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Dz Bank Ag Deutsche Zentral- Genossenschaftsbank v. All General Lines Insurance

March 20, 2013


The opinion of the court was delivered by: Carlos Murguia United States District Judge


On December 5, 2012, plaintiff DZ Bank AG Deutsche Zentral-Genossenschaftsbank ("DZ Bank"), as agent for Autobahn Funding Company LLC ("Autobahn"), filed a motion for summary judgment against pro se defendant Diane Williams (Doc. 121). The response deadline was December 26, 2012. Defendant failed to timely file a response.

On February 20, 2013, the court issued a show cause order, requiring defendant to show cause in writing why defendant failed to timely file a response to plaintiff's motion, and file a response to plaintiff's motion. The show cause order stated that if defendant failed to fully comply with its show cause order, the court would likely consider plaintiff's motion as uncontested pursuant to Local Rule 7.4(b), and grant it without further notice to defendant. The court gave defendant until March 6, 2013, to comply with its show cause order. Defendant failed to respond to the court's order.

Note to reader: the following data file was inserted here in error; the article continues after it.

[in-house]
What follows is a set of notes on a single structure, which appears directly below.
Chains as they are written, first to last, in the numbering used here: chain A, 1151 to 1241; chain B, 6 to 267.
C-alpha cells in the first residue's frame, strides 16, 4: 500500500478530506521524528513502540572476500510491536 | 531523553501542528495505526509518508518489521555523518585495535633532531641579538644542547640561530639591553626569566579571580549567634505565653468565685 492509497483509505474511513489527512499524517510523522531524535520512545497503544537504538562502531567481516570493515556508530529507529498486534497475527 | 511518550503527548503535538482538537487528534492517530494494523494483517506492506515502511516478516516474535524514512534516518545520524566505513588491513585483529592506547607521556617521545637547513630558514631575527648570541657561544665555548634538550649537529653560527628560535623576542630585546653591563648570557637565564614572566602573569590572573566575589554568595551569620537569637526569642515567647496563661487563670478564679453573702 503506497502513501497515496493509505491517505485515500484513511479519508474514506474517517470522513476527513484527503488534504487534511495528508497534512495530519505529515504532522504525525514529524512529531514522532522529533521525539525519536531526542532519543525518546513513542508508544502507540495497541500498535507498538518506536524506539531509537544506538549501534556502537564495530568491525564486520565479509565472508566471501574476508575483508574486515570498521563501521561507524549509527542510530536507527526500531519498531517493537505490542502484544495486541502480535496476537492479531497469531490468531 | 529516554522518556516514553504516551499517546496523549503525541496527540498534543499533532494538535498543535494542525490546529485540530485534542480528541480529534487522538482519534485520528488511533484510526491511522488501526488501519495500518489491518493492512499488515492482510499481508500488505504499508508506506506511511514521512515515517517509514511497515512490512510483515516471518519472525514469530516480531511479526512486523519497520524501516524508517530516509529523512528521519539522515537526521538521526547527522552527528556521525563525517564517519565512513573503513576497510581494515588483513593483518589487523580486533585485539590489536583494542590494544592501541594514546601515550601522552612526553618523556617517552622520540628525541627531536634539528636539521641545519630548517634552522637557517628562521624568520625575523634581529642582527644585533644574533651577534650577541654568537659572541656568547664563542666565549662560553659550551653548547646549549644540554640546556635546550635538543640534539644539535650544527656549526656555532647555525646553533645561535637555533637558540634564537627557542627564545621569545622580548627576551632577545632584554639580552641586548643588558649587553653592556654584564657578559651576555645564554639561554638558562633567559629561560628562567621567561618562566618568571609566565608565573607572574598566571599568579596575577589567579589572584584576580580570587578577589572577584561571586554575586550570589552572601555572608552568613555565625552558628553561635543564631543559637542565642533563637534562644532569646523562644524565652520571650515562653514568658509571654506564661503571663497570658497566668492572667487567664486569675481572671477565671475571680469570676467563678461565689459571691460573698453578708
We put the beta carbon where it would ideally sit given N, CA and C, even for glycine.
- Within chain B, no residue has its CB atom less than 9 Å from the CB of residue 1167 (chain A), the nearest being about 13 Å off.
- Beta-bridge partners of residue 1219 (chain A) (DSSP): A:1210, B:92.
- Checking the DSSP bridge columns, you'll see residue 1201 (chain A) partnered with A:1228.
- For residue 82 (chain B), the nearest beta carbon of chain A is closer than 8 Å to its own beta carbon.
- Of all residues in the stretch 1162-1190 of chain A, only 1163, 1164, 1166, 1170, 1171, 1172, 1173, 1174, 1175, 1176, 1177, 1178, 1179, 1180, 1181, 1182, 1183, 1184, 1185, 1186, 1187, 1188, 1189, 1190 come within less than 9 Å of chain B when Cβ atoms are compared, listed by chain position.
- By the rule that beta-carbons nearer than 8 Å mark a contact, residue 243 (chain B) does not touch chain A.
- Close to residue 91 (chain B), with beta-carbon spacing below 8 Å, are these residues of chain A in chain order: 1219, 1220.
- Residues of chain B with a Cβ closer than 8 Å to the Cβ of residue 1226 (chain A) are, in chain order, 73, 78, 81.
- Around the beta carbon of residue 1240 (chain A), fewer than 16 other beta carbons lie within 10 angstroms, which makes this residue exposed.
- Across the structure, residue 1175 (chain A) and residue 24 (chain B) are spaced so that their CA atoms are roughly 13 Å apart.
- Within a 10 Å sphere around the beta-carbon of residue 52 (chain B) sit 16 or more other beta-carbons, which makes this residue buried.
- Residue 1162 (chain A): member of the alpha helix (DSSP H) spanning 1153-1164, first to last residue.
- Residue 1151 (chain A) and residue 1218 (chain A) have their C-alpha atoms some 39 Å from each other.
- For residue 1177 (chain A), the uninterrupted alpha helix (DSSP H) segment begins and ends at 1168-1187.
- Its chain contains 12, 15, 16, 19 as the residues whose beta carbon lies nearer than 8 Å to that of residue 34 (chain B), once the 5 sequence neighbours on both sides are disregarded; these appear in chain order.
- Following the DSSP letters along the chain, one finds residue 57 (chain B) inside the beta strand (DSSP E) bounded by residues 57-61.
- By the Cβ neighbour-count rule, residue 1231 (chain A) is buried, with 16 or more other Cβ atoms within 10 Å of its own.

Local Rule 7.4(b) provides that "[a]bsent a showing of excusable neglect, a party or attorney who fails to file a responsive brief or memorandum within the time specified . . . waives the right to later file such brief or memorandum." The Local Rule also states that if a party fails to timely file a responsive brief, the court considers and decides the motion as uncontested, and will usually grant the motion without further notice. D. Kan. Rule 7.4(b). In motions for summary judgment, "[a]ll material facts set forth in the statement of the movant will be deemed admitted for the purposes of summary judgment unless specifically controverted by the statement of the opposing party." Id. at 56.1(a).

However, "[i]t is improper to grant a motion for summary judgment simply because it is unopposed." Bank Midwest, N.A. v. Millard, No. 10-2387-JAR, 2012 WL 4359060, at *1 (D. Kan. Sept. 24, 2012) (internal quotation omitted). The court must determine "whether the moving party has sufficient basis for judgment as a matter of law." Id. (citing Thomas v. Bruce, 428 F. Supp. 2d 1161, 1163 (D. Kan. 2006) (citation omitted)).